I’m beginning to feel that I have to change my approach.
You see, every month I see fresh clients full of bright-eyed enthusiasm for the new habit they’re starting: or some other kind of regular creative practice.
But, oh how quickly that excitement turns to disillusionment as their plans to get up earlier, stay up later, or do their new habit during lunch-break, start to break down.
Pretty soon they stop checking in with me because they don’t want to own up to having ‘fallen off the wagon’ - even though that’s the very reason they need a coach.
And then, despite my best efforts, they’ll slink off and unsubscribe from my coaching. Sometimes leaving a kind testimonial or at least a friendly message, sometimes just vanishing into the wind.
And I understand. I do. Who wants to be the person who admits that after just a month, two weeks, or even two days, they can’t maintain the commitment they’ve set for themselves?
And so I’ve come round to the idea that right at the beginning of our coaching relationship, I need to ask a tough question.
Tough, but straightforward, I might add:
“What will you give up to make this new thing happen?”
(I’m a compassionate person, and a compassionate coach. I don’t really like asking tough questions. But sometimes they have to be asked.)
Why we can’t just keep adding more commitments
“You only have two options right now. Attempt more than is humanly possible and fail. Choose what to bomb and succeed at a goal that matters. Perfectionism tells you to take option one.”
Look at us - the human race, I mean. We’re already on overload.
We only have so much energy. We can’t keep adding new tasks and habits to our schedule and expect to keep functioning.
Whatever you may think, you’re not going to function well on 5 hours sleep or by giving your new habit half-ass attention while you eat your lunch.
Sooner or later, you’re going to hit the snooze button, or drop into bed exhausted two hours earlier than you planned, and all your good intentions are going to fly away. Or your pre-lunch meeting is going to over-run and the best you’ll manage is a sandwich on the way to your next appointment.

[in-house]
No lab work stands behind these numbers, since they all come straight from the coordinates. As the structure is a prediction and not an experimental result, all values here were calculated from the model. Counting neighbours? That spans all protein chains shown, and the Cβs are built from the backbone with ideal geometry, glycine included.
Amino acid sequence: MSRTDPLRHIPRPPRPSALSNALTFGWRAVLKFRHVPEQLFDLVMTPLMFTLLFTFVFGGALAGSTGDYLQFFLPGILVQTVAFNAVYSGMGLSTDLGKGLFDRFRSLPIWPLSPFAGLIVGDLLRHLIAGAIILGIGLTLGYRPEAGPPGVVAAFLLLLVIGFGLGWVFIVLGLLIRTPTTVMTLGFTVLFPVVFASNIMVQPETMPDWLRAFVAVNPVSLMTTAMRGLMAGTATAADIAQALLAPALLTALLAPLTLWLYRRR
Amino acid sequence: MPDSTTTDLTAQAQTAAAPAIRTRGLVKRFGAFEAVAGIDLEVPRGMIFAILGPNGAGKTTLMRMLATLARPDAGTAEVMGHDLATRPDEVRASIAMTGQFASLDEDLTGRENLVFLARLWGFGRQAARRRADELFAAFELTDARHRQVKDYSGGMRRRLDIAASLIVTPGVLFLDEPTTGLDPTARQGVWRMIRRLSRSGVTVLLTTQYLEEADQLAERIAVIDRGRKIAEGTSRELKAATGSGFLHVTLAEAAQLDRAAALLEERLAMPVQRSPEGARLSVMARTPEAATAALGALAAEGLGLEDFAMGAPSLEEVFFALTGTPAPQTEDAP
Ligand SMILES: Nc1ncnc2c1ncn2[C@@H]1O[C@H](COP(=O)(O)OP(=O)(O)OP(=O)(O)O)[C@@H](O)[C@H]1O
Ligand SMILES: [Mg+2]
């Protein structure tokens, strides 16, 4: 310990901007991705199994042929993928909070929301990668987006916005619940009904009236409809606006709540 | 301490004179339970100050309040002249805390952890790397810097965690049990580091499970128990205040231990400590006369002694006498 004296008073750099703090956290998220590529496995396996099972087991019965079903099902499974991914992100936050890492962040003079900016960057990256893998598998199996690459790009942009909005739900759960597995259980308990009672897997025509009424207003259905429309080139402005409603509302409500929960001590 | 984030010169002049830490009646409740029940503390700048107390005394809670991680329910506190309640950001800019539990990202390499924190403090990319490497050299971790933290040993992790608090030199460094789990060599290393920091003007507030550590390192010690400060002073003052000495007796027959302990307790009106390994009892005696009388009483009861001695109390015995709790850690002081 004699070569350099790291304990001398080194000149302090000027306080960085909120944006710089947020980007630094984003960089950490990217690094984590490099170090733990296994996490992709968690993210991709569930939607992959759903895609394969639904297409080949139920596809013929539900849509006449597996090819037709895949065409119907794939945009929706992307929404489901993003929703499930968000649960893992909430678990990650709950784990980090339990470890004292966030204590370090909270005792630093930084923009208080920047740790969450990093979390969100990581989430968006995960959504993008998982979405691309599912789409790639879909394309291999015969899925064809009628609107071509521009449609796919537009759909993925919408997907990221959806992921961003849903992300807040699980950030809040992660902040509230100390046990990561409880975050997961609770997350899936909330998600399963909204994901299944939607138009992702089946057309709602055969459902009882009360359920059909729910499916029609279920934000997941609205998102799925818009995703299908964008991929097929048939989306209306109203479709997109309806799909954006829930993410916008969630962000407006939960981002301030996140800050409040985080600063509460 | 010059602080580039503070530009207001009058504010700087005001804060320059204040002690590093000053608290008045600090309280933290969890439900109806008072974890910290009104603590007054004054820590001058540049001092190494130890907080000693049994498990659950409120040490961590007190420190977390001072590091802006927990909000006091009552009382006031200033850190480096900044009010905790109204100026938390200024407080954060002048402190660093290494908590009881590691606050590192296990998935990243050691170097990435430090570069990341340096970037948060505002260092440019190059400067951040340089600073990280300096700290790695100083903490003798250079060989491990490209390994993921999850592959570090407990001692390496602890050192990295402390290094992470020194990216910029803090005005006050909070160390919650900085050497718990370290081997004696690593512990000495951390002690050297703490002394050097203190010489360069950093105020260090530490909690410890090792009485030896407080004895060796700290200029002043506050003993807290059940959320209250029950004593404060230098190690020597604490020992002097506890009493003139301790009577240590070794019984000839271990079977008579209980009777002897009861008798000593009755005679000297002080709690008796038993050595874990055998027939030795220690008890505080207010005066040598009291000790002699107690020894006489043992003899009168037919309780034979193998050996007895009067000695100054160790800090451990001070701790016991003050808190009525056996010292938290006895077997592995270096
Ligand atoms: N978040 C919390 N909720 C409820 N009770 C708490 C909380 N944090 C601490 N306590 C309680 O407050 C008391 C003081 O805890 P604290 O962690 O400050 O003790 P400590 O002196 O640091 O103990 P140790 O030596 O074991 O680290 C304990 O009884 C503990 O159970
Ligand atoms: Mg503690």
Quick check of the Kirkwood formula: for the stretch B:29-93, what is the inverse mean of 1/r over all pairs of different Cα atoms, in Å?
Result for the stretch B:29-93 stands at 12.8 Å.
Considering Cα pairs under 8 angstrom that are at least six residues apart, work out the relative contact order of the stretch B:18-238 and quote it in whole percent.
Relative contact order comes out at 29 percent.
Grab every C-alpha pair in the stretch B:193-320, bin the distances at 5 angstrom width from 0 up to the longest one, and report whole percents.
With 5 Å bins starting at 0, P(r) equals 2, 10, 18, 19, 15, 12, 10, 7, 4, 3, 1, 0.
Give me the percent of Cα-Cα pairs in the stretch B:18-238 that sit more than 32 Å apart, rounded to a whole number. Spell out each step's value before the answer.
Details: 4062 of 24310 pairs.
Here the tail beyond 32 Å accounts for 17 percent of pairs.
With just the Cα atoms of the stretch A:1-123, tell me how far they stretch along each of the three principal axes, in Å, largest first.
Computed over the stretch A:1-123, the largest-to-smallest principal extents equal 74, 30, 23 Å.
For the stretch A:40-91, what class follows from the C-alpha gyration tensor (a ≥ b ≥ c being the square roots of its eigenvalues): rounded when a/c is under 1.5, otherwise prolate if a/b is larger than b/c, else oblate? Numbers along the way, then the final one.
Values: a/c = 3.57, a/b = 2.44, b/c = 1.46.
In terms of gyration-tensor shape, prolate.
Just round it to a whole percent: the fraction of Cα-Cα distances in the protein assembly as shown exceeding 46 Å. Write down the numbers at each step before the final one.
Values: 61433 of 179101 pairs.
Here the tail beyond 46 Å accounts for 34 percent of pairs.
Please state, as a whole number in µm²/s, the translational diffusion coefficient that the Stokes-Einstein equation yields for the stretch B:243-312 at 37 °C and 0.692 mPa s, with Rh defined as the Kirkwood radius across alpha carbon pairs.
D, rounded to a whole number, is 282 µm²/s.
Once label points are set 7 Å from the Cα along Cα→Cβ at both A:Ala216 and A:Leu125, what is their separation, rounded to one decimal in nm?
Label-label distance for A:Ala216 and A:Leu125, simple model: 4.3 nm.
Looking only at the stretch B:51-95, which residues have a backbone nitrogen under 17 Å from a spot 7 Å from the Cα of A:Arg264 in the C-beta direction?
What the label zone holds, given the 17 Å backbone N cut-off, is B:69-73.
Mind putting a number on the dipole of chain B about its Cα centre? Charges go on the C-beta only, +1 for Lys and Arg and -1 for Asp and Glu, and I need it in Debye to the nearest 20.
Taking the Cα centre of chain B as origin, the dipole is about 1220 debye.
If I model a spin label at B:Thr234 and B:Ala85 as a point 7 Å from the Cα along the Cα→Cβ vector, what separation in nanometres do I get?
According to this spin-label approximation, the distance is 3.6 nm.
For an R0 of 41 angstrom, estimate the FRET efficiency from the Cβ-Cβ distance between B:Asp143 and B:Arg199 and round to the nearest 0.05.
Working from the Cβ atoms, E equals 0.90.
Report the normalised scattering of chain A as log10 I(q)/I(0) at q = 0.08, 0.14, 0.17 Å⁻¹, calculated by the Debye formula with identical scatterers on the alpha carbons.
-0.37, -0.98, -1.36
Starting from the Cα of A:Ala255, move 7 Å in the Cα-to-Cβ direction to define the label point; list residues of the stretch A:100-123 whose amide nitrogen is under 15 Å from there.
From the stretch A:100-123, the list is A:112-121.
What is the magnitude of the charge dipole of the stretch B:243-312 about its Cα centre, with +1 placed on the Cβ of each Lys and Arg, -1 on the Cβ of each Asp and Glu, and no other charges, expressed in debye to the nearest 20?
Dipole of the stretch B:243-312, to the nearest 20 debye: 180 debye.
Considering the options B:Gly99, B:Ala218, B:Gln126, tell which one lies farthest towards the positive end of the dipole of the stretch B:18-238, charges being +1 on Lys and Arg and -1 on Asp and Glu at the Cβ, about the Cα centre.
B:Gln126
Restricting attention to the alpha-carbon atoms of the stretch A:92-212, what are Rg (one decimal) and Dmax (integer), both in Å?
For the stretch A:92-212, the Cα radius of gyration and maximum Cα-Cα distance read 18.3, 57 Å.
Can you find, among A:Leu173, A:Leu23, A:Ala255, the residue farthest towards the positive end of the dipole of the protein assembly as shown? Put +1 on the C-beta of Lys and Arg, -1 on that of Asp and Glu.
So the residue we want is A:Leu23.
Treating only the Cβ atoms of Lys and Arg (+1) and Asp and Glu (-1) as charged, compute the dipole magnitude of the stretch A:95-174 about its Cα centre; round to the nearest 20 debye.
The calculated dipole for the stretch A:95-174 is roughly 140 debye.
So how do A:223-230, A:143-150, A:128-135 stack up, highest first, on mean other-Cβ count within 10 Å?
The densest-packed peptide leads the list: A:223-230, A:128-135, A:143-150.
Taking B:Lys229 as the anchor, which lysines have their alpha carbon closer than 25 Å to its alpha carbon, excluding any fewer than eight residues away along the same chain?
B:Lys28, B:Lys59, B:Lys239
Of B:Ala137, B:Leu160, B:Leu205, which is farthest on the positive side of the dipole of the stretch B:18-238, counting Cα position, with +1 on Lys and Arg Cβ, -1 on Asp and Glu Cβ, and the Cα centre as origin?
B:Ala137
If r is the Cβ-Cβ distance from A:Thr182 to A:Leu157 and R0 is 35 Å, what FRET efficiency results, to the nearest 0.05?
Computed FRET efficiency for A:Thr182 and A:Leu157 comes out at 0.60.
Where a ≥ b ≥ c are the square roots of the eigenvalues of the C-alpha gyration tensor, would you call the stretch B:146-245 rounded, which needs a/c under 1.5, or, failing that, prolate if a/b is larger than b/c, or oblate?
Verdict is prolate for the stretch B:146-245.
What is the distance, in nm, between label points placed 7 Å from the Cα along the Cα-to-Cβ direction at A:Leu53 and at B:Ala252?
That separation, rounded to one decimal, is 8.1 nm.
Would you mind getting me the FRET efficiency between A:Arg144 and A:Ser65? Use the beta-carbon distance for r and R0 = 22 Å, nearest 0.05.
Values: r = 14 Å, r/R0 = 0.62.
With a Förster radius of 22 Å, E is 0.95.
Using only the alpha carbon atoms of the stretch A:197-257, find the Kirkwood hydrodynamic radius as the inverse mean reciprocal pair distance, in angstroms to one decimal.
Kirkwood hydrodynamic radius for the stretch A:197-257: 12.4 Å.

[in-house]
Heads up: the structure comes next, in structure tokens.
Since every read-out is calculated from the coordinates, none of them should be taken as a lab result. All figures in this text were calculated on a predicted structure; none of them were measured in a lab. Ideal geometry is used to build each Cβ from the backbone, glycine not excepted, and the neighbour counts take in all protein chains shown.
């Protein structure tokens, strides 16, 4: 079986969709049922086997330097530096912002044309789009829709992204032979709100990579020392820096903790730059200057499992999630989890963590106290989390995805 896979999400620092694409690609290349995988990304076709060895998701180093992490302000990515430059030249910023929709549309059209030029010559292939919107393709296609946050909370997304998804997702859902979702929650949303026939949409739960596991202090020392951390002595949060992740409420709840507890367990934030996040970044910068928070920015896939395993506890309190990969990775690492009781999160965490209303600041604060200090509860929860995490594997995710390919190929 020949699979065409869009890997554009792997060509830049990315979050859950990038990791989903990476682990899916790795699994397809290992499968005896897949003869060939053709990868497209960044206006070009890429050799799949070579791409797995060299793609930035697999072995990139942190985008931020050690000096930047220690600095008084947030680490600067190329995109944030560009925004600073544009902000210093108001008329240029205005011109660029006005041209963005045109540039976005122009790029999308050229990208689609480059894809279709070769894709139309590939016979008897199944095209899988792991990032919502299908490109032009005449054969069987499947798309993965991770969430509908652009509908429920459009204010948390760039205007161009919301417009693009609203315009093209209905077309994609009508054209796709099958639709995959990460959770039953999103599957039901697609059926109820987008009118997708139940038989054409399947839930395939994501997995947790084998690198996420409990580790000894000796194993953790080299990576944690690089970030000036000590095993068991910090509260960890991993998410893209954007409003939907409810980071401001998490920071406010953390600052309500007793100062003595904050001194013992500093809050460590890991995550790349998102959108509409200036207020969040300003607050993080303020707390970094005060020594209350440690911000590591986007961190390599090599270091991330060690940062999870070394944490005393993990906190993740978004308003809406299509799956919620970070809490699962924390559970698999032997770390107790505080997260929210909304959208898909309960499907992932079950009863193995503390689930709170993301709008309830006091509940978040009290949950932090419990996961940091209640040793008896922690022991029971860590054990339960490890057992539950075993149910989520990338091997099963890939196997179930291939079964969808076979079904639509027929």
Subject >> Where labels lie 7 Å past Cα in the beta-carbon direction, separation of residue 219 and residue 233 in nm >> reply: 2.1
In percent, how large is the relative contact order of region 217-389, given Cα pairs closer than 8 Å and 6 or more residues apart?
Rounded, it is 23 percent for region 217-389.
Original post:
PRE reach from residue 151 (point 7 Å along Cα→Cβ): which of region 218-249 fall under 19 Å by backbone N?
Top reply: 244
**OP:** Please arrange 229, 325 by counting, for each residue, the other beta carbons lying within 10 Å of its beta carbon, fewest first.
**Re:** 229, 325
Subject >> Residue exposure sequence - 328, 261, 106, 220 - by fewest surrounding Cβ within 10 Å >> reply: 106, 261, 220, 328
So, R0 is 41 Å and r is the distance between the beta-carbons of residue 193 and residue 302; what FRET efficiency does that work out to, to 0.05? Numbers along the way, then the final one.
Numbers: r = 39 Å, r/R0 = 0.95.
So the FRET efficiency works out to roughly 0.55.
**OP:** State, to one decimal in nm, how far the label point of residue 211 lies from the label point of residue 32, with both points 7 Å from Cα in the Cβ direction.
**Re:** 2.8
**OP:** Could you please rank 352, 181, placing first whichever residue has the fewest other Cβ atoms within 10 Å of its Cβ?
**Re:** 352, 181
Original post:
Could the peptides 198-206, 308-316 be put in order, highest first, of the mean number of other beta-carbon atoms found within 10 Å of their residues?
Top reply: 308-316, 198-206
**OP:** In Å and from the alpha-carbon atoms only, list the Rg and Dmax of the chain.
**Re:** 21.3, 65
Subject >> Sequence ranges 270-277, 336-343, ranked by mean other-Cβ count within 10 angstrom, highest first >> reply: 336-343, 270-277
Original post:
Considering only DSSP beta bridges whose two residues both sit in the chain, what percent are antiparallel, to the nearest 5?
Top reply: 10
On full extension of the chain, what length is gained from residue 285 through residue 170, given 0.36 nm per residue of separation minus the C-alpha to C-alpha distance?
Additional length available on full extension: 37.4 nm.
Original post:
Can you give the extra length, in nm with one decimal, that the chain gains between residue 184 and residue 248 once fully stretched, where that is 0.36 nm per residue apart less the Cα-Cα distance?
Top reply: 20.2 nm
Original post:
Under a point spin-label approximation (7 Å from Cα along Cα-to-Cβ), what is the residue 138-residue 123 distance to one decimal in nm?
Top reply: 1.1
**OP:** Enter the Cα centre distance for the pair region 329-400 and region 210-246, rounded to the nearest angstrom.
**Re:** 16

This is normal. This is human.
What’s not normal or human is to think you have infinite energy or infinite hours in the day and that you can do an infinite number of things.
You can’t. You won’t.
And even if you can say,
“Oh, I just have so much time on my hands, I just don’t know what to do with it!”
You know what? It probably just means that you’re already doing as much as you can do with your time - because of your health, because of your age or because of your disposition.
If you had the capacity for more, you’d have already filled it. That’s nature’s way. Nature abhors a vacuum.
Why you need to give something up to start a new habit
It seems ludicrous that it needs spelling out, but it does:
If you want to ADD something else to your weekly schedule, you need to SUBTRACT something.
‘Giving up’ stuff is not confined to when you’re trying to lose 10 pounds or stop smoking. Oh no, my friend. Giving up is ESSENTIAL to creating a new habit.
Let me say that again.
You need to make SPACE for this new thing you want in your life.
When you decide you want to start something new: learn an instrument, improve your drawing, go to the gym, read a book a month.
And I mean, when you REALLY, REALLY, WANT to do that thing, then ask yourself the tough question:
What am I prepared to give up to make this happen?
Because if you DON’T give up something, your best intentions will stay just that.
If you need some tough love getting going with a new and much-desired habit in your life, then take advantage of a rare lull in my coaching appointments.
Jump on a FREE Skype call with me to talk about how to make this thing happen. If it seems like we're a fit, I’ll even throw in a week’s free chat coaching via the messaging app of your choice.